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How do I polish my lowre units & props?

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Old 06-27-2002, 08:34 AM
  #11
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prop....CLR or lime away...that **** will fall off!
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Old 06-27-2002, 08:48 AM
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I use straight vinegar. It is cheap & cleans up water spots with very little work. I have a spray bottle I put it in. I spray on, sit back, then start wiping down & comes up spotless. Since I do not have a polished lower I do not know how it will work on them. Try small area first. Works good on chrome.
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Old 06-27-2002, 09:11 AM
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Run aground in a sandy area. That ALWAYS worked for me!



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Old 06-27-2002, 09:18 AM
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Jewelers rouge and a buffing wheel will make em look like chrome
 
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Old 06-27-2002, 10:30 AM
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If you have pitting, start with with a deburring wheel. I'm looking through Grainger and they have several different forms. Some mount on bench grinders, some on die grinders (pad and shaft) some are even available on belts. They also come in different grits. Anyways, use the deburring wheel to get started and then move to the different buffing compounds. If you are looking to do this only once in a while, a spiral sewn wheel will work ok. Sometimes I'll start with a emery (for stainless) and then move to the stainless compound which leaves a pretty good finish on both aluminum and stainless. Generally, I've found that the rouge only works on solt metals like gold.

In all honesty, the finish almost looks like hard water spots. Generally, I use Lime-a-way, but the other acids will also work. If the lower unit is bare aluminum, I'd test a small spot first as they may react with the aluminum. I believe the result is lots of smoke and foam.
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Old 06-27-2002, 10:48 AM
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There are two possible things going on here. One is solved with a light acid (vinegar, clr, lime away, etc..) and the other with a buffing wheel. I doubt that the stainless prop is acutally seriously oxidizing, just getting hard water deposits, so polishing besides being a pain, is really the wrong way to go about it. The aluminum might be oxidizing, but try the vinegar first. It just makes stuff go away. I made the mistake several years ago of trying to polish out that crap only to have a friend tell me that it was hard water deposits. It looked like oxidation to me, but buffing was going no where fast. Vinegar or lime away does the trick. I keep some in a squirt bottle in the boat and apply when pulling out of the ramp.

Caution! Do not put any of these acids on anything other than paint, powdercoat, fiberglass, stainless, etc. No plated steel! It will go right through it in a couple of weeks, so I would caution you with water spots on the engine unless you have all stainless fasteners!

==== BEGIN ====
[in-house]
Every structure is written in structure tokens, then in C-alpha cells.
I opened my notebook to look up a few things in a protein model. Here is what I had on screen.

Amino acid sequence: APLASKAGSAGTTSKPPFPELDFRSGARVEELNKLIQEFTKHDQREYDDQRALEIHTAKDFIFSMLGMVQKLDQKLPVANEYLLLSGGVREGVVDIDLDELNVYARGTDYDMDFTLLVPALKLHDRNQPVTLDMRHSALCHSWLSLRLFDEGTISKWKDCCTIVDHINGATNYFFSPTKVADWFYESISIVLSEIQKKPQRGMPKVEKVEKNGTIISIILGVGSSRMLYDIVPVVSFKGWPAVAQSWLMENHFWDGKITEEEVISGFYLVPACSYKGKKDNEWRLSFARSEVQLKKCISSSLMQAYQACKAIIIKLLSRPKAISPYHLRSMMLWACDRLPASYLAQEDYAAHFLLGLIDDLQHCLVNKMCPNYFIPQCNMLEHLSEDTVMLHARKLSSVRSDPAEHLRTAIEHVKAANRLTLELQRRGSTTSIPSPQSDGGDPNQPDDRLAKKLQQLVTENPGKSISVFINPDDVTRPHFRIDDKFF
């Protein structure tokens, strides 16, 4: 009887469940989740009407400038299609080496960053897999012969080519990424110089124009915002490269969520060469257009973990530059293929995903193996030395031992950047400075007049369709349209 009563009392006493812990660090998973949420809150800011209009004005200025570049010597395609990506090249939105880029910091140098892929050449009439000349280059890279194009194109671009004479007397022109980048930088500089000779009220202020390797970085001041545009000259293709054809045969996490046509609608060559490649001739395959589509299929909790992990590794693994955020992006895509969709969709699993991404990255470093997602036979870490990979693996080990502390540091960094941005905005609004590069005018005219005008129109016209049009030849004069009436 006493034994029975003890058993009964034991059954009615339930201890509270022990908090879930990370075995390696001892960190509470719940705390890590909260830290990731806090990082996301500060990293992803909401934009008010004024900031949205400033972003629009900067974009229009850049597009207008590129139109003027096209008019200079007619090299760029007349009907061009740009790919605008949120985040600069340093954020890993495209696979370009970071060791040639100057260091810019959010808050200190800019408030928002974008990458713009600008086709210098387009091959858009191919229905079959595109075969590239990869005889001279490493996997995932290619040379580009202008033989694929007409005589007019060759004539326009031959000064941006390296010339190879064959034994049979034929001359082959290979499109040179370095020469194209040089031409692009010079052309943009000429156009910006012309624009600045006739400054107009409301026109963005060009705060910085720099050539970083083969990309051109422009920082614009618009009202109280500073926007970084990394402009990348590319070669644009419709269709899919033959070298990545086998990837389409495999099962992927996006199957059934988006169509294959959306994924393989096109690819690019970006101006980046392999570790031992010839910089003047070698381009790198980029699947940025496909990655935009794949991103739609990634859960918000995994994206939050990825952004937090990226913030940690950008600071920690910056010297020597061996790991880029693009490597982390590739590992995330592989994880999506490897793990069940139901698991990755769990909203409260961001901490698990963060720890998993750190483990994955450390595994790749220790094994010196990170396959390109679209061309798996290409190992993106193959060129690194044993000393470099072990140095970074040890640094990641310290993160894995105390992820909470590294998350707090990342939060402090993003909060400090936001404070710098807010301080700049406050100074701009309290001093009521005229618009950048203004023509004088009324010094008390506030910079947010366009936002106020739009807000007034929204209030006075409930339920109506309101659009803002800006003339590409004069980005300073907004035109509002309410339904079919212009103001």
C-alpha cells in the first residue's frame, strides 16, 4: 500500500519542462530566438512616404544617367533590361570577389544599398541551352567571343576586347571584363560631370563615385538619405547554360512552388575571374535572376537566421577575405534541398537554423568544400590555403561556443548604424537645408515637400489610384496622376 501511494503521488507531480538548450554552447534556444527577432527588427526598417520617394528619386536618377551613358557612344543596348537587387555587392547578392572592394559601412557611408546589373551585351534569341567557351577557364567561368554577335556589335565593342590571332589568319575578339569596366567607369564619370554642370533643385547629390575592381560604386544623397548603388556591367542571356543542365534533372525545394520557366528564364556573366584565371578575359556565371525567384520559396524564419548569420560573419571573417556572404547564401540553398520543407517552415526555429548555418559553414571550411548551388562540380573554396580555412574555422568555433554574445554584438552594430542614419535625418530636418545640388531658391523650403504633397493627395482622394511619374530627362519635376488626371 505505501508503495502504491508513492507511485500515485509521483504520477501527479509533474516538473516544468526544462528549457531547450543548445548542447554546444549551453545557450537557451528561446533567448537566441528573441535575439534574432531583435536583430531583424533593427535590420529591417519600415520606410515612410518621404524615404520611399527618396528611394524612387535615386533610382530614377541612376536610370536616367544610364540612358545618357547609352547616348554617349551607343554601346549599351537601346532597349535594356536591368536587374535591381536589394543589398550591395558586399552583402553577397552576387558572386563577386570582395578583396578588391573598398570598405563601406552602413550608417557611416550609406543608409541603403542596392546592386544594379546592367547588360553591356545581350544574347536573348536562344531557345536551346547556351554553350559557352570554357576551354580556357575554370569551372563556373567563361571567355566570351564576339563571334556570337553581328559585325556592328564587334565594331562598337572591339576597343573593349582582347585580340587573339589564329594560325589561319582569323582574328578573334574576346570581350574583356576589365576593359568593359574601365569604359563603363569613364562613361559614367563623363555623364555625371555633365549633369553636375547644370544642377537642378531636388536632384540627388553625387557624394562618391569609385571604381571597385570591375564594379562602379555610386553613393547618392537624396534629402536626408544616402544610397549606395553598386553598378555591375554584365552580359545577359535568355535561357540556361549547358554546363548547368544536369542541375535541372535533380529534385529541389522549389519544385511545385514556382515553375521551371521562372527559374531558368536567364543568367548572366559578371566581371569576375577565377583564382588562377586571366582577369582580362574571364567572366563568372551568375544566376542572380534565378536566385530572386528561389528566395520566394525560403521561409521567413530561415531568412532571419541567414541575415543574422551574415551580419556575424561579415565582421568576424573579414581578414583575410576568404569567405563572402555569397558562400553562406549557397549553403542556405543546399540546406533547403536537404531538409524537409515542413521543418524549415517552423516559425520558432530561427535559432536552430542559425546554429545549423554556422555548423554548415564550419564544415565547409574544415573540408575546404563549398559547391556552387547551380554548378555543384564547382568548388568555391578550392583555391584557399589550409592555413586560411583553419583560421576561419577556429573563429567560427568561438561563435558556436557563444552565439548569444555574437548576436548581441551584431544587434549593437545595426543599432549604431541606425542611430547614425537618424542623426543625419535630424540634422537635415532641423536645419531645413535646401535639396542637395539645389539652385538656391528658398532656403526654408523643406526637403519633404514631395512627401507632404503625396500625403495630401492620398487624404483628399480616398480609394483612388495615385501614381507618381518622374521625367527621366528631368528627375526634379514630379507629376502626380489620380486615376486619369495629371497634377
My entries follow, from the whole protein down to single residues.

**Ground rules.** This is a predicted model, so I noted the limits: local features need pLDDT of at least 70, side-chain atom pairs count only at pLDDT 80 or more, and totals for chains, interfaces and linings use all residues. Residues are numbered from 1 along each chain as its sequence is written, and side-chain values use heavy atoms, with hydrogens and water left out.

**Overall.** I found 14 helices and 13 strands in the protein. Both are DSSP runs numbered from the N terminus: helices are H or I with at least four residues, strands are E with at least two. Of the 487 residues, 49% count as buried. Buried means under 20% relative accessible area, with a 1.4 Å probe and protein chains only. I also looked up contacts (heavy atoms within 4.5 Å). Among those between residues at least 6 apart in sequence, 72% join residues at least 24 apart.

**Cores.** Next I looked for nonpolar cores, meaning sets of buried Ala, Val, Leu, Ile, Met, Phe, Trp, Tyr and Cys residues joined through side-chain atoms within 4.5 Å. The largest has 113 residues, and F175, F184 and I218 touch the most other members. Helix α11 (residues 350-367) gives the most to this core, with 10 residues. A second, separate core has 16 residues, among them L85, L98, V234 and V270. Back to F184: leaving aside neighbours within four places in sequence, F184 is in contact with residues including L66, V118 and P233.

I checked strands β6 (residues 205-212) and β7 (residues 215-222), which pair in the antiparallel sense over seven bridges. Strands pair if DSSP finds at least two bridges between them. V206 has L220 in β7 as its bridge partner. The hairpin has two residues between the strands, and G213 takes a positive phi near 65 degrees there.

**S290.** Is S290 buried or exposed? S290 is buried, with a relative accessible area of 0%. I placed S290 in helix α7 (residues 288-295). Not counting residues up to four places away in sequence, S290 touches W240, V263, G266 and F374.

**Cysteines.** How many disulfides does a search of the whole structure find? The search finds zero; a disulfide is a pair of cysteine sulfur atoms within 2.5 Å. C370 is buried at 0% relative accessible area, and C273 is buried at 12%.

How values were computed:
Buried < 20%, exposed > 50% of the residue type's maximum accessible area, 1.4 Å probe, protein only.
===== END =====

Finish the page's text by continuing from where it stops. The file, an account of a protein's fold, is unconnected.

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Old 06-27-2002, 11:08 AM
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Cool Re: How do I polish my lowre units & props?

Quote:
Originally posted by Uncle Toys
My cool polished lower units and props are getting tarnished (is that the right term?). I have tried polishing by hand with Mothers, but that is extreme work especially in this heat. What kind of machine buffer should I get and how do you do the props?

Uncle Toys, Use lime away on your props. You will use a bottle on the prop but pour it on and rinse with water. Sometimes you nave to use a brush for the corners

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Old 06-27-2002, 11:08 AM
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For the lower housing, use Tripoli compound and then White Rouge, because its aluminum, Then for the prop use the tripoli compound, and then Jewlers rouge because its stainless. You can use an electric drill with buffers attached do acomplish your goal. All of these items can be found at an ace hardware store or home depot. Good luck.
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Old 06-27-2002, 12:51 PM
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Ask your wife to polish your lower unit..... mine does it daily to mine
 
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Old 06-27-2002, 12:55 PM
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Quote:
Originally posted by Dean Ferry
Muratic Acid will clean the deposits off the prop, and wash down with H2O, dry and spray WD-40 on them. Just be careful where you use the Muratic Acid, it will leave a Mark!
MD
I will second this...you can also use toilet boil cleaner that contains acid, and then just wash with water. The calcium content at Havasu is very high, but this stuff will take it right off.
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